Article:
"She's tough. It's a rare occasion that you're around a kid of that age that has that level of commitment to their sport and really loves it," Barwis says. "It's not a forced thing.
"Her personality is unique -- it's kind of one-track of, 'This is what I do -- this is how I work, I make it happen, I work at it.' But that's who she is."
Tucker, who is home-schooled, trained between 14 and 16 hours a week, keeping the Olympic Trial standard for her two breaststroke events clearly in front of her.
When the stretch run arrived, Tucker was constantly inching closer toward the time that would earn her a trip to Omaha.
Then, finally in her final qualifying event earlier this month, Tucker finished the 200 finals in 2:35.00 -- ahead of the trials standard of 2:35.99. A day later, she added the 100 breaststroke, finishing in 1:11.78, beating the standard of 1:12.19.
She narrowly missed qualifying in the 100 butterfly, finishing less than a second off the standard on a day she still struggles to adequately put into words.
She reached the wall and the pool public address announcer verbalized the words Tucker had been waiting a year to hear.
"I heard, Miranda Tucker -- Olympic Trial cut -- and I looked at the board and I see my time and I was laughing and crying at the same time," Tucker says. "It was amazing."
For Diane Tucker, Miranda's mother, the moment was almost too much to take in.
Six years before, when Miranda's angry face first appeared, Diane and her husband, both former athletes, breathed a sigh of relief when they saw their youngest daughter's competitive fire rise to the surface.
Their other children had dabbled in sports but never like this. And so when they saw the facial expression they had never seen before with Miranda, they knew.
Diane still remembers the date -- Jan. 6, 2006 -- when Miranda stepped up on the blocks and allowed the angry face to shine through.
"We were like, aahhhhhhh, 'We've got one,'" Diane Tucker says. "We've got a competitor."
Since then, though, Miranda's parents have walked the fine line between allowing their daughter to dream and trying to keep her grounded. They thought it was cute when Miranda made her proud proclamation to Schmitt in that autograph line when she was 10.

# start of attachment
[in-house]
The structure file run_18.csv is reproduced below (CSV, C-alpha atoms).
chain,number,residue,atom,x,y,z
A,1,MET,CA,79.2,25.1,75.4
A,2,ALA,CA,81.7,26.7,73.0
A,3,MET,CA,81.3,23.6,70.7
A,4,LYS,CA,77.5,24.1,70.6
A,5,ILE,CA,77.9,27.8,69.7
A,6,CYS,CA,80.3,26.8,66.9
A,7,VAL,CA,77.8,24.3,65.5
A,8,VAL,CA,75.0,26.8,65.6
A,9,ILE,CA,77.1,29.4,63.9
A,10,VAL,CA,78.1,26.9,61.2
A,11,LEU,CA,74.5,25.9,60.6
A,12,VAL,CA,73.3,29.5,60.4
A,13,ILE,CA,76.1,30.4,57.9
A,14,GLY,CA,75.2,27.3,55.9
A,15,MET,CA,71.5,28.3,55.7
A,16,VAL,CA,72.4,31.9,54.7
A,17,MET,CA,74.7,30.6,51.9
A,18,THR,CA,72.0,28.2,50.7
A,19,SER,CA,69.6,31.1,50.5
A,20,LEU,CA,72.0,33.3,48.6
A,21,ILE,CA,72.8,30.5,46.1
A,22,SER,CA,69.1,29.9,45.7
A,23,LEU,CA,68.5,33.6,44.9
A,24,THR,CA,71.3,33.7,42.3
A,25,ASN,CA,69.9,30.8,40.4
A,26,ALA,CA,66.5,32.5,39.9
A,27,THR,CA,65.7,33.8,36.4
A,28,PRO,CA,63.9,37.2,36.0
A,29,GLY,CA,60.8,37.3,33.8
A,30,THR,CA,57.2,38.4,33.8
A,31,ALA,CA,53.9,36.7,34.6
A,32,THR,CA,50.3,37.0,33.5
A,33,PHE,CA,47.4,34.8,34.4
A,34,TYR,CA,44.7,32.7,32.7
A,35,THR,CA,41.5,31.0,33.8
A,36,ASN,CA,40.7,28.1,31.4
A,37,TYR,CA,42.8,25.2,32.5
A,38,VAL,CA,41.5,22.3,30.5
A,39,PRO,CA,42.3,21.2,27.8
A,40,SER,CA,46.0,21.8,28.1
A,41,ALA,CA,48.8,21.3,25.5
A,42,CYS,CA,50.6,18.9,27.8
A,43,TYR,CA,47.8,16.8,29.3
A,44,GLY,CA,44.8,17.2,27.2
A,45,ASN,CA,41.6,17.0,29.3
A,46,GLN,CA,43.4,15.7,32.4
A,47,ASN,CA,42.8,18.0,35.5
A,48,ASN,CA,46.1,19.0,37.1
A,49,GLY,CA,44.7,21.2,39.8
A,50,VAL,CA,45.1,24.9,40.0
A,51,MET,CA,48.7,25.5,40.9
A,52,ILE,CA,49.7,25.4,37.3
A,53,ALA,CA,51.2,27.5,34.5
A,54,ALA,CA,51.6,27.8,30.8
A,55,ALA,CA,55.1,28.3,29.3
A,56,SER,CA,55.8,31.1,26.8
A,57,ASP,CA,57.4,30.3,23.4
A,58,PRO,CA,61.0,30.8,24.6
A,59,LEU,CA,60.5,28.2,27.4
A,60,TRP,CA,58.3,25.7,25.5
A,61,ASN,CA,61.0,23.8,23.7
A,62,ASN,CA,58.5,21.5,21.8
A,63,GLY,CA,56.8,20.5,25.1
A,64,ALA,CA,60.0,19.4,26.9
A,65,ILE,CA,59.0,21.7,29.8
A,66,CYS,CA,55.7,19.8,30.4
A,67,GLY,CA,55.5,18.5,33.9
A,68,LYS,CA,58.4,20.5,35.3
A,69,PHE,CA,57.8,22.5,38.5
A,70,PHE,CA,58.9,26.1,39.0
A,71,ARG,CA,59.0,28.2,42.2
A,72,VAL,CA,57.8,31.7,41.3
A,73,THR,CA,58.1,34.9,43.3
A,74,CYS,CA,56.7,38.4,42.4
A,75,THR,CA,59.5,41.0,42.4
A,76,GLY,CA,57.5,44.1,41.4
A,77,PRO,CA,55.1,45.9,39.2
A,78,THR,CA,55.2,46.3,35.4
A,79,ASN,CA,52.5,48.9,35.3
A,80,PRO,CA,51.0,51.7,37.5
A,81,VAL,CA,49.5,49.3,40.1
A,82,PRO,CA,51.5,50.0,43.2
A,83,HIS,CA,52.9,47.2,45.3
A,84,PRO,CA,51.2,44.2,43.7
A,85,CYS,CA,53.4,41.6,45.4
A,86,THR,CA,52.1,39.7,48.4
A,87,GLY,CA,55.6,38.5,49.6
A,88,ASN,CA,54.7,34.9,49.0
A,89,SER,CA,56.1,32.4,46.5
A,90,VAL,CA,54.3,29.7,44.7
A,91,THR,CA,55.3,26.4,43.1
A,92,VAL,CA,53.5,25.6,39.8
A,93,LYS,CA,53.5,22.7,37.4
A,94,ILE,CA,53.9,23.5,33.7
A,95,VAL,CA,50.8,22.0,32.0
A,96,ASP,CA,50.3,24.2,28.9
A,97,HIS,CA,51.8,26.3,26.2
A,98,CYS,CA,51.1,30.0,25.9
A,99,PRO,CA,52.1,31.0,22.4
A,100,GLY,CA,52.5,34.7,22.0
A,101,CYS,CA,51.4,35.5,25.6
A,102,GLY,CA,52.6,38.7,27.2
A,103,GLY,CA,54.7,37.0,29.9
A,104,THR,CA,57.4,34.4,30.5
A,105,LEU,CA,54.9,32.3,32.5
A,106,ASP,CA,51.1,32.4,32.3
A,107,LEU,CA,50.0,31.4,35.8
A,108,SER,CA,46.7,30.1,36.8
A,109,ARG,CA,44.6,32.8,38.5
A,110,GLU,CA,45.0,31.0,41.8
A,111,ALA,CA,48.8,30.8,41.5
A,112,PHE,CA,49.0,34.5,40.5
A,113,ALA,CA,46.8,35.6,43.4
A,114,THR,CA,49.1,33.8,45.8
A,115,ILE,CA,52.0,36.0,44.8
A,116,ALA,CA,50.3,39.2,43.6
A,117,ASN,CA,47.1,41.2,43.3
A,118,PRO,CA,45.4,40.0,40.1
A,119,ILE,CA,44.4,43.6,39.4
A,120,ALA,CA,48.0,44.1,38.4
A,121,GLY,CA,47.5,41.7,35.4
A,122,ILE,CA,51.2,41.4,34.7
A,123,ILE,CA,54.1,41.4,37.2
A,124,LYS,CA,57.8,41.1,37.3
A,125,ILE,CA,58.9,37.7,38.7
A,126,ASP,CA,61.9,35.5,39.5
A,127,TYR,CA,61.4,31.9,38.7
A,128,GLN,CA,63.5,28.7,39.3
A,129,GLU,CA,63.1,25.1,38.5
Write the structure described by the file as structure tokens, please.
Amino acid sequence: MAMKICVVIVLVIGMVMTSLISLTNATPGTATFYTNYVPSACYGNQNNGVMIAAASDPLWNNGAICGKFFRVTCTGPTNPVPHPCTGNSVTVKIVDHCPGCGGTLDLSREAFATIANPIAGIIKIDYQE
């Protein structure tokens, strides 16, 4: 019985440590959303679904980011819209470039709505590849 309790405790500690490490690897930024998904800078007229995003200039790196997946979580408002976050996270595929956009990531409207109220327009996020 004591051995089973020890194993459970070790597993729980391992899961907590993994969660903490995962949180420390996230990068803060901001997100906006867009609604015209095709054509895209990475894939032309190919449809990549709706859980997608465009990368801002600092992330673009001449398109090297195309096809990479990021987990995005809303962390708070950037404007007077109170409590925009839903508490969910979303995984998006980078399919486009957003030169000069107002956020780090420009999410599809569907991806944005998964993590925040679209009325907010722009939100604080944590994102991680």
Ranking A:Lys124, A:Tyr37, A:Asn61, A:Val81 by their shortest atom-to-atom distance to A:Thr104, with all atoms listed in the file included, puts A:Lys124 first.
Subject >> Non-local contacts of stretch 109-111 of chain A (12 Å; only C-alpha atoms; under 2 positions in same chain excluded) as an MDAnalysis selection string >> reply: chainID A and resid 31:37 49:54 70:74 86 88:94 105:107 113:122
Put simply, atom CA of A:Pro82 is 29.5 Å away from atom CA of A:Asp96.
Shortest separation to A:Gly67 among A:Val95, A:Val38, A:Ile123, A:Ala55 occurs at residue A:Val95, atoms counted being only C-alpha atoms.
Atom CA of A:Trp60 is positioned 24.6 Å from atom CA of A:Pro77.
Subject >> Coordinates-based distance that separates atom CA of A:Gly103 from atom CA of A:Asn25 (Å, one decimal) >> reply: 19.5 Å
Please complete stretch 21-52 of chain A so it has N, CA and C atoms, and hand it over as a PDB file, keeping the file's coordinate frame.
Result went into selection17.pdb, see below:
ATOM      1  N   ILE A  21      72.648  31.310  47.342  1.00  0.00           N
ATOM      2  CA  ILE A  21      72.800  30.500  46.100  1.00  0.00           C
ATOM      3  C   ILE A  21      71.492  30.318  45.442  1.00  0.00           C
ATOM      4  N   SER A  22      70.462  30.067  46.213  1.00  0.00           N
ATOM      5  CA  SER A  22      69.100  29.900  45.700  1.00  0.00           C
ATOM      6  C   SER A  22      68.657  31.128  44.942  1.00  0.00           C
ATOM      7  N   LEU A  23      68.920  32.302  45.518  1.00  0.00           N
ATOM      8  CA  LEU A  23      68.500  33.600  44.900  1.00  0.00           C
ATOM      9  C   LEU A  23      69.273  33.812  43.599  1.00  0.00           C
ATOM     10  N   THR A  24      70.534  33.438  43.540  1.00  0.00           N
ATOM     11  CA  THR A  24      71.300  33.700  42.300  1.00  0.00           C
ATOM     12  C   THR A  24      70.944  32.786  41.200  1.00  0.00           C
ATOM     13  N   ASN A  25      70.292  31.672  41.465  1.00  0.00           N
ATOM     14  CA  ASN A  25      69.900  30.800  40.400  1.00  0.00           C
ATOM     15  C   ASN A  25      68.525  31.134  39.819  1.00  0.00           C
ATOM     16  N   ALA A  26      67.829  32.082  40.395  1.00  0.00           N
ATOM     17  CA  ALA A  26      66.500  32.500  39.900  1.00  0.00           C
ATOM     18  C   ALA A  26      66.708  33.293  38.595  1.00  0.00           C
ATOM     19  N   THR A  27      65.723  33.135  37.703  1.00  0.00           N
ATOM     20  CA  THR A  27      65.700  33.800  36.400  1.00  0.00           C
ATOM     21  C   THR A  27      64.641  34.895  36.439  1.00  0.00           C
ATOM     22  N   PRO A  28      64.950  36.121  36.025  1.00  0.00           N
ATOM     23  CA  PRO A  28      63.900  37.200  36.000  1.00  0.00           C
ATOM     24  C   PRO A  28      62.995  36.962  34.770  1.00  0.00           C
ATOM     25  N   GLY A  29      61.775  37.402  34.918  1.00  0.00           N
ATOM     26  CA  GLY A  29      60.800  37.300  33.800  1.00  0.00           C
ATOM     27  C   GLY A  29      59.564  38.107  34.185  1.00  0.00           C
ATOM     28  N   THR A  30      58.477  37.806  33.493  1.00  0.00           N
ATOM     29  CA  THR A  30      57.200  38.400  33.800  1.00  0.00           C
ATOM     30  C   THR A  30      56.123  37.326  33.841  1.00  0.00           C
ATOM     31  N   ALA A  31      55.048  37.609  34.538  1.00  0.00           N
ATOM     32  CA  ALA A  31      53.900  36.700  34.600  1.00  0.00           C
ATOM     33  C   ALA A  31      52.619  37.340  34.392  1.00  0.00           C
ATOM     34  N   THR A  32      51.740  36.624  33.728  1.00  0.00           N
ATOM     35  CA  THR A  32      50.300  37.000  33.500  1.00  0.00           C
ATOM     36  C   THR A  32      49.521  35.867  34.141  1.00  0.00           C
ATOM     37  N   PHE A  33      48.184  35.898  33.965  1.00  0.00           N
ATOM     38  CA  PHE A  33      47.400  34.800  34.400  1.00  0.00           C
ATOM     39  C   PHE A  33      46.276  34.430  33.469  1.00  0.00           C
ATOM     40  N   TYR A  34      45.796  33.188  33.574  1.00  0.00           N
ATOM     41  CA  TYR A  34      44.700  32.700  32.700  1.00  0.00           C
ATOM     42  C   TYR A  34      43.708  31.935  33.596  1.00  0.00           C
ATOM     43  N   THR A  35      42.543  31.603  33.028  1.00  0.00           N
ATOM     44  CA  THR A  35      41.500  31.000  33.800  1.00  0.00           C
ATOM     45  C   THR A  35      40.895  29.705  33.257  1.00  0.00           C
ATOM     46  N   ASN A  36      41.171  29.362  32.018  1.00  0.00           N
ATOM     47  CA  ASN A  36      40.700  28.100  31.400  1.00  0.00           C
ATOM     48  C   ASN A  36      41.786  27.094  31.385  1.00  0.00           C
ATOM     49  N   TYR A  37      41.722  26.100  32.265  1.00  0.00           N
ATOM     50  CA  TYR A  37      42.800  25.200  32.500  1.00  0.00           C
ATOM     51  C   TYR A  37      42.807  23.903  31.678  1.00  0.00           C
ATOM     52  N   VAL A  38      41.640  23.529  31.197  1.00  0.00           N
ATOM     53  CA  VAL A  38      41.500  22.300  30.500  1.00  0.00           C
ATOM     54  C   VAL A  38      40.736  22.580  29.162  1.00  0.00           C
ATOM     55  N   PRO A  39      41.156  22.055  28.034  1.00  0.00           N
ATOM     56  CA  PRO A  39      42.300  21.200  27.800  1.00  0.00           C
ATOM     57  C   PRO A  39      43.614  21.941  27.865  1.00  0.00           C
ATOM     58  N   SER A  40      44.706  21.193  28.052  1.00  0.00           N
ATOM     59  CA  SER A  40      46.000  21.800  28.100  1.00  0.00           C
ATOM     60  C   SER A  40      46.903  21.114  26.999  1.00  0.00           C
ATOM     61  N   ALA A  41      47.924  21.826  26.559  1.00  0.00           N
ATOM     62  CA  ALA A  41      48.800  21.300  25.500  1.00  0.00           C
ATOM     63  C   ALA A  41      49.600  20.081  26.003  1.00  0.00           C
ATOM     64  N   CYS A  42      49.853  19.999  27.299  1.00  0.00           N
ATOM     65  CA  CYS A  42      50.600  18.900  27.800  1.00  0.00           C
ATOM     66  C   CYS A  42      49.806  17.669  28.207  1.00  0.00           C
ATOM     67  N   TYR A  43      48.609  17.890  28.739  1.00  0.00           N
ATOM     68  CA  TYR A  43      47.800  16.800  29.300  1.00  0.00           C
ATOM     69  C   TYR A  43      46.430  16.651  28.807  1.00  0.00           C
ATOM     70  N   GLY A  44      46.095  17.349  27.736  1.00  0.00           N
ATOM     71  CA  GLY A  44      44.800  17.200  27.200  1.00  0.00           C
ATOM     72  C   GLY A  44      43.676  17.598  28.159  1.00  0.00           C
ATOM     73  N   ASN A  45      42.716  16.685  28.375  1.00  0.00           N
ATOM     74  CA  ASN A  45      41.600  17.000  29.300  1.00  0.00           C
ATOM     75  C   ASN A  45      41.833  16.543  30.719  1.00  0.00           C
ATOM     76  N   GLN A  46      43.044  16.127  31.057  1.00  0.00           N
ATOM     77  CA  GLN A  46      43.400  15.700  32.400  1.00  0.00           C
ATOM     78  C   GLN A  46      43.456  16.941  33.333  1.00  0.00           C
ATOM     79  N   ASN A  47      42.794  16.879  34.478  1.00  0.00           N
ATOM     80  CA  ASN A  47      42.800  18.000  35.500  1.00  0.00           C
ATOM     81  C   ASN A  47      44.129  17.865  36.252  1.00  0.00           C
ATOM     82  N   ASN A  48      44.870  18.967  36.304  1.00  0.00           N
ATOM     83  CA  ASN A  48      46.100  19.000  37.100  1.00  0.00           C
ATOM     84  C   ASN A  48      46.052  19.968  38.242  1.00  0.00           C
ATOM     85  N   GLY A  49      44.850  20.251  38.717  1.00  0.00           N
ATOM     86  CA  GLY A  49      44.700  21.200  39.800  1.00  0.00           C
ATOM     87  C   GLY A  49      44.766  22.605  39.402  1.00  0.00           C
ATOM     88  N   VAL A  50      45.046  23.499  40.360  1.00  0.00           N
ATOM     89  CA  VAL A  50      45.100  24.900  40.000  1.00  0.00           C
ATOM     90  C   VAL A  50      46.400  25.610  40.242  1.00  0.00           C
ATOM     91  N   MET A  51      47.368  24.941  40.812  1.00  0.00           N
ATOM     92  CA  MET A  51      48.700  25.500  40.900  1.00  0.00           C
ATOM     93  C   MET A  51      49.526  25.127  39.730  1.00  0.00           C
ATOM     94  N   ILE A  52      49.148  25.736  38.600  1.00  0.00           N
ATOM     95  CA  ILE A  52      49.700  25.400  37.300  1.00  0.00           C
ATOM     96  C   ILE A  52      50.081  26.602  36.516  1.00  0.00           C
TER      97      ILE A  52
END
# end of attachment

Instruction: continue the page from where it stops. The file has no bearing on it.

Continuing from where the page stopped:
When she announced she would compete at Zones (the regional competition run by USA Swimming) later that year, her mother brushed it off.
It hasn't stopped since.
"Every time she tells her coaches about her next goals, they always say, 'Well, Miranda, those are really big goals, but it's you,'" Diane Tucker says. "I think they've learned not to question her goals like we do. When she says she's going to do something, she does it."
Tucker is unfazed by the thought of her competition, all of which is much more battle-tested than their 15-year-old competitive counterpart. But the Trials isn't exactly uncharted territory for Tucker, who has swam at U.S. Grand Prix events, spending time around those she has long dreamed about calling her Olympic teammates.
In May, she again ran into Schmitt. While Schmitt, who won the 400 freestyle at the Trials in Omaha on Tuesday, now has the experience of one Olympics under her belt, she remembers being in Tucker's situation.
"When I came here four years ago, I had no idea what to expect," Schmitt told reporters this week in Omaha. "I hadn't done a meet this big besides nationals and so I was very shocked at everything.
"I didn't know what was going on."
So when she again ran into Tucker, she passed along some friendly advise, hoping to make Tucker' first Olympic Trials as memorable as possible.
"She told me just to relax, have fun and when it comes time to swim, you just swim and will all come to you," Schmitt told Tucker.
So this week, Miranda Tucker will go through her normal competitive routines, soaking in the environment as best she can. While the experience of being on the Olympics' doorstep will arm her for 2016, she has no plans on short-changing herself having over-achieved like no one believed she could.
For now, she will enjoy the moment, allowing herself -- at 15 -- to cherish what she hopes is just the beginning of her Olympic journey, still amazed that she is where she is.
On the brink of reaching the Olympics six years after she forecasted that she had the competitive wherewithal to realize the kind of dreams just about everyone around her felt were impossible to attain.
"I just smile and think, look how far I've come," Tucker says. "Every once in a while, I have to remind myself, I just made the Olympic Trials."
And in that moment -- removed from the waters that cause her angry face to appear, Miranda Tucker is all smiles.